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Pancreatic pseudocyst

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Pancreatic pseudocyst

  1. 1. Dr. Abrar Ahmad Post graduate resident Surgical unit 1 BVH Bahawalpur
  2. 2. Pancreatic Pseudocyst A fluid collection contained within a well-defined capsule of fibrous or granulation tissue or a combination of both Does not possess an epithelial lining Persists > 4 weeks May develop in the setting of acute or chronic pancreatitis Bradley III et al. A clinically based classification system for acute pancreatitis: summary of the International Symposium on Acute Pancreatitis, Arch Surg. 1993;128:586-590
  3. 3. Pancreatic Pseudocyst Most common cystic lesions of the pancreas, accounting for 75-80% of such masses Location Lesser peritoneal sac in proximity to the pancreas Large pseudocysts can extend into the paracolic gutters, pelvis, mediastinum, neck or scrotum May be loculated
  4. 4. Composition Thick fibrous capsule – not a true epithelial lining Pseudocyst fluid Similar electrolyte concentrations to plasma High concentration of amylase, lipase, and enterokinases such as trypsin
  5. 5. Pathophysiology Pancreatic ductal disruption 2° to 1. Acute pancreatitis – Necrosis 2. Chronic pancreatitis – Elevated pancreatic duct pressures from strictures or ductal calculi 3. Trauma 4. Ductal obstruction and pancreatic neoplasms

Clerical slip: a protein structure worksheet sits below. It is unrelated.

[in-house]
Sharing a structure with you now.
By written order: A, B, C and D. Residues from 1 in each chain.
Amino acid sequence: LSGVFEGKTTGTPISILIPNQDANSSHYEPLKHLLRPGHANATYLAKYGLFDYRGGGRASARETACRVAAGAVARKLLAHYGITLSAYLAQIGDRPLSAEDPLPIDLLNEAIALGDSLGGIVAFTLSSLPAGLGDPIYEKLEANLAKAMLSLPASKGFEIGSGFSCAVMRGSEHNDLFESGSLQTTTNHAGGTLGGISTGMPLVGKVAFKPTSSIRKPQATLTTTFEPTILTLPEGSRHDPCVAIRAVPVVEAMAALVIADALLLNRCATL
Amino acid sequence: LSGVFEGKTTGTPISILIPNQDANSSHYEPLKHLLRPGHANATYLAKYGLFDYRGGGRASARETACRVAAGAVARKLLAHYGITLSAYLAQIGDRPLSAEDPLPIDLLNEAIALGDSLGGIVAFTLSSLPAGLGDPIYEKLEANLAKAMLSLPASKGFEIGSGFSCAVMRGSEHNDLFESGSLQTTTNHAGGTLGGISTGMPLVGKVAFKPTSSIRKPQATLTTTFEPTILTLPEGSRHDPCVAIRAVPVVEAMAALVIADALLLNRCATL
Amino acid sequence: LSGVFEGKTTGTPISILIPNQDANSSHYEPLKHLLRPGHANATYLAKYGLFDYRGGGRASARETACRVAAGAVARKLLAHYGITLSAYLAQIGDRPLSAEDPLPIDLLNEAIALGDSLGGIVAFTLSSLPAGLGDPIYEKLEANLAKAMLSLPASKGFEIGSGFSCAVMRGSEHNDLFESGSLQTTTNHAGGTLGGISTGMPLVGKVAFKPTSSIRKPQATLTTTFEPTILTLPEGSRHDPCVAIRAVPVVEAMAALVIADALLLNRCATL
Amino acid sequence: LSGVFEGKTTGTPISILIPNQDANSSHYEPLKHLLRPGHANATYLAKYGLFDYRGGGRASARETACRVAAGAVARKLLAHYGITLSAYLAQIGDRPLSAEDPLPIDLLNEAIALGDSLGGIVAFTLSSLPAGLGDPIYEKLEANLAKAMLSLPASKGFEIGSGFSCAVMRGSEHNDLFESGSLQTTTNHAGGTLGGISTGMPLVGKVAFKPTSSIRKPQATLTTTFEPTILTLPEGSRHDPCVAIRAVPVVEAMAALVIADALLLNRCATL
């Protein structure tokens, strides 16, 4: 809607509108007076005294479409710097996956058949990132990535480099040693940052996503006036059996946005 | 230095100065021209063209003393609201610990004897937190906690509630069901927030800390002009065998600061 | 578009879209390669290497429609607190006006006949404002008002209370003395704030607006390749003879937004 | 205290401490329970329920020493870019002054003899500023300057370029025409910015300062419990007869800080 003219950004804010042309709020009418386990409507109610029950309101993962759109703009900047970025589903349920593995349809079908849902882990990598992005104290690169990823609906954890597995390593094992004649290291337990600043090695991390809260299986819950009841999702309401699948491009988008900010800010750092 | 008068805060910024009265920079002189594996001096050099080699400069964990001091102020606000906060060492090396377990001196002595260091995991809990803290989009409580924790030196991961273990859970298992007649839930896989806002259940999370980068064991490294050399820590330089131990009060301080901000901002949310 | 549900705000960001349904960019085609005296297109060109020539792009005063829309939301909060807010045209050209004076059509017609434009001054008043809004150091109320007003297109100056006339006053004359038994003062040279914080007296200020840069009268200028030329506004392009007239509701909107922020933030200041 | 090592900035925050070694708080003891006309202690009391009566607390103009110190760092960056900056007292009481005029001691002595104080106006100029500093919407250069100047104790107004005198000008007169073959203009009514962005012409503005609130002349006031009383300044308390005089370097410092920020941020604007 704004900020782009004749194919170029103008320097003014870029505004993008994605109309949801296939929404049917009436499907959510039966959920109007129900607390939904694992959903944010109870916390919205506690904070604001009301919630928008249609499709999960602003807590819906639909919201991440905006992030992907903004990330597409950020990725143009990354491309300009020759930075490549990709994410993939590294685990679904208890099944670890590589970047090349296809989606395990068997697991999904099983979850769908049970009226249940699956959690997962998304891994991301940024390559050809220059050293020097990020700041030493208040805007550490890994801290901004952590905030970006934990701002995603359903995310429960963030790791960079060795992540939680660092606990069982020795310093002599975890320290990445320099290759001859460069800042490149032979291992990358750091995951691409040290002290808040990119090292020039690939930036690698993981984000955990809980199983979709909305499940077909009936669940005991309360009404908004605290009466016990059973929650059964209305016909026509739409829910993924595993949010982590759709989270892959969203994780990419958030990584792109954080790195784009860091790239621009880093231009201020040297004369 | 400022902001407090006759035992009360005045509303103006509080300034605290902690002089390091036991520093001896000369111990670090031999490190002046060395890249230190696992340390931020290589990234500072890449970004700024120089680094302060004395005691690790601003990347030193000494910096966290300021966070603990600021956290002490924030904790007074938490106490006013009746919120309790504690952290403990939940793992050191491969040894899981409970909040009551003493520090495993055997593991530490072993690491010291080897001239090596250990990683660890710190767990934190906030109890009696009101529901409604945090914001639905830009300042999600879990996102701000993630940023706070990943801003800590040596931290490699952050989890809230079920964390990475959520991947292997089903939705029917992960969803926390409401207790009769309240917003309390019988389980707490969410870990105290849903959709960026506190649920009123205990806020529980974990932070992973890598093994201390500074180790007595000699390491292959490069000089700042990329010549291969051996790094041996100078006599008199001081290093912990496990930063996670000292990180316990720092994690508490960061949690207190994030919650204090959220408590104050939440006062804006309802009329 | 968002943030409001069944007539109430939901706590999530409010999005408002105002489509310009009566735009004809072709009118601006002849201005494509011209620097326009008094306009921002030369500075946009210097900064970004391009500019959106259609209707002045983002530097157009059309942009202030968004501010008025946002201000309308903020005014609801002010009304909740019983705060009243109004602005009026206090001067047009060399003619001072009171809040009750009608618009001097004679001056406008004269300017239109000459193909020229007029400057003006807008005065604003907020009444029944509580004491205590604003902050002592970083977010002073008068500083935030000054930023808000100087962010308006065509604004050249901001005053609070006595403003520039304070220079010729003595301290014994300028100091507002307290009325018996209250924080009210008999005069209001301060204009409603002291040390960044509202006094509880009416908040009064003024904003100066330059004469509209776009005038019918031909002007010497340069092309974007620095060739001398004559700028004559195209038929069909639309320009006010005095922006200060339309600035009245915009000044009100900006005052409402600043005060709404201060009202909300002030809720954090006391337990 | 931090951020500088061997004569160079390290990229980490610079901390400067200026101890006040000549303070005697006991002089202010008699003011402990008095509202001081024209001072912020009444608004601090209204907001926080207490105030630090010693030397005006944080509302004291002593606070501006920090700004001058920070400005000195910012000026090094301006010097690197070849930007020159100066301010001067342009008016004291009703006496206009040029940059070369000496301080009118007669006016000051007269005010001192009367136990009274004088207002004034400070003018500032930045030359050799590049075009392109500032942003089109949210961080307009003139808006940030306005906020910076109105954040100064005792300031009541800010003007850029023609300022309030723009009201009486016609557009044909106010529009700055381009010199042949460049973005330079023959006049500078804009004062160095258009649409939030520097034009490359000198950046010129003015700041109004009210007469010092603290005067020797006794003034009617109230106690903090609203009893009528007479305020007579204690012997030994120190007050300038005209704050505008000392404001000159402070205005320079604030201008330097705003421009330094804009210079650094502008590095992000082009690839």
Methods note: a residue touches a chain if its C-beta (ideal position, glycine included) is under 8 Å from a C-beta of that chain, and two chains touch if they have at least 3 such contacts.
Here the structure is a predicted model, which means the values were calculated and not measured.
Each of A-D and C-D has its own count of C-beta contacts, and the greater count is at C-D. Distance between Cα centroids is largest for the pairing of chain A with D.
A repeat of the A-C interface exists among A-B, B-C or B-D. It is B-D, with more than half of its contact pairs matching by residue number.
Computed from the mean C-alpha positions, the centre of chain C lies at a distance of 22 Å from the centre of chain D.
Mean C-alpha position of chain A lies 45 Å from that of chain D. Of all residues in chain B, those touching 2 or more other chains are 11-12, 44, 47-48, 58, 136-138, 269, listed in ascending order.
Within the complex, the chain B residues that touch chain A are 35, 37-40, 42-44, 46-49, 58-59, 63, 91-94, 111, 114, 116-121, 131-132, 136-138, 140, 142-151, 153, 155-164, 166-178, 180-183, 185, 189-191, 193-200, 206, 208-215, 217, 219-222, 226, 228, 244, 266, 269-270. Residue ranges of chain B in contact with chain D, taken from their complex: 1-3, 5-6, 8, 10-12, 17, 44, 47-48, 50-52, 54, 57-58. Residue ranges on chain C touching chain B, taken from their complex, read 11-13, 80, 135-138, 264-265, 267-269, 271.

6. 6. Pathophysiology Acute Pancreatitis Pancreatic necrosis causes ductular disruption, resulting in leakage of pancreatic juice from inflamed area of gland, accumulates in space adjacent to pancreas Inflammatory response induces formation of distinct cyst wall composed of granulation tissue, organizes with connective tissue and fibrosis
  7. 7. Pathophysiology Chronic Pancreatitis Pancreatic duct chronically obstructed  ongoing proximal pancreatic secretion leads to secular dilation of duct – true retention cyst Formed micro cysts can eventually coalesce and lose epithelial lining as enlarge
  8. 8. Presentation Symptoms Abdominal pain > 3 weeks (80 – 90%) Nausea / vomiting Early satiety Bloating, indigestion Signs Tenderness Abdominal fullness Cohen et al: Pancreatic pseudocyst. In: Cameron JL, ed. Current Surgical Therapy. 7th ed.; 2001: 543-7
  9. 9. Diagnosis Clinically suspect a pseudocyst Episode of pancreatitis fails to resolve Amylase levels persistantly high Persistant abdominal pain Epigastric mass palpated after pancreatitis
  10. 10. Diagnosis Labs Persistently elevated serum amylase Plain X-ray Not very useful Ultrasound 75 -90% sensitive CT Most accurate (sensitivity 90-100%)
  11. 11. Pseudocyst compressing the stomach wall posteriorly
  12. 12. Sonographic evaluation
  13. 13. EUS showing pseudocyst
  14. 14. Natural History of Pseudocyst ~50% resolve spontaneously Size Nearly all <4cm resolve spontaneously >6cm 60-80% persist, necessitate intervention Cause Traumatic, chronic pancreatitis <10% resolve Multiple cysts – few spont resolve Duration - Less likely to resolve if persist > 6-8 weeks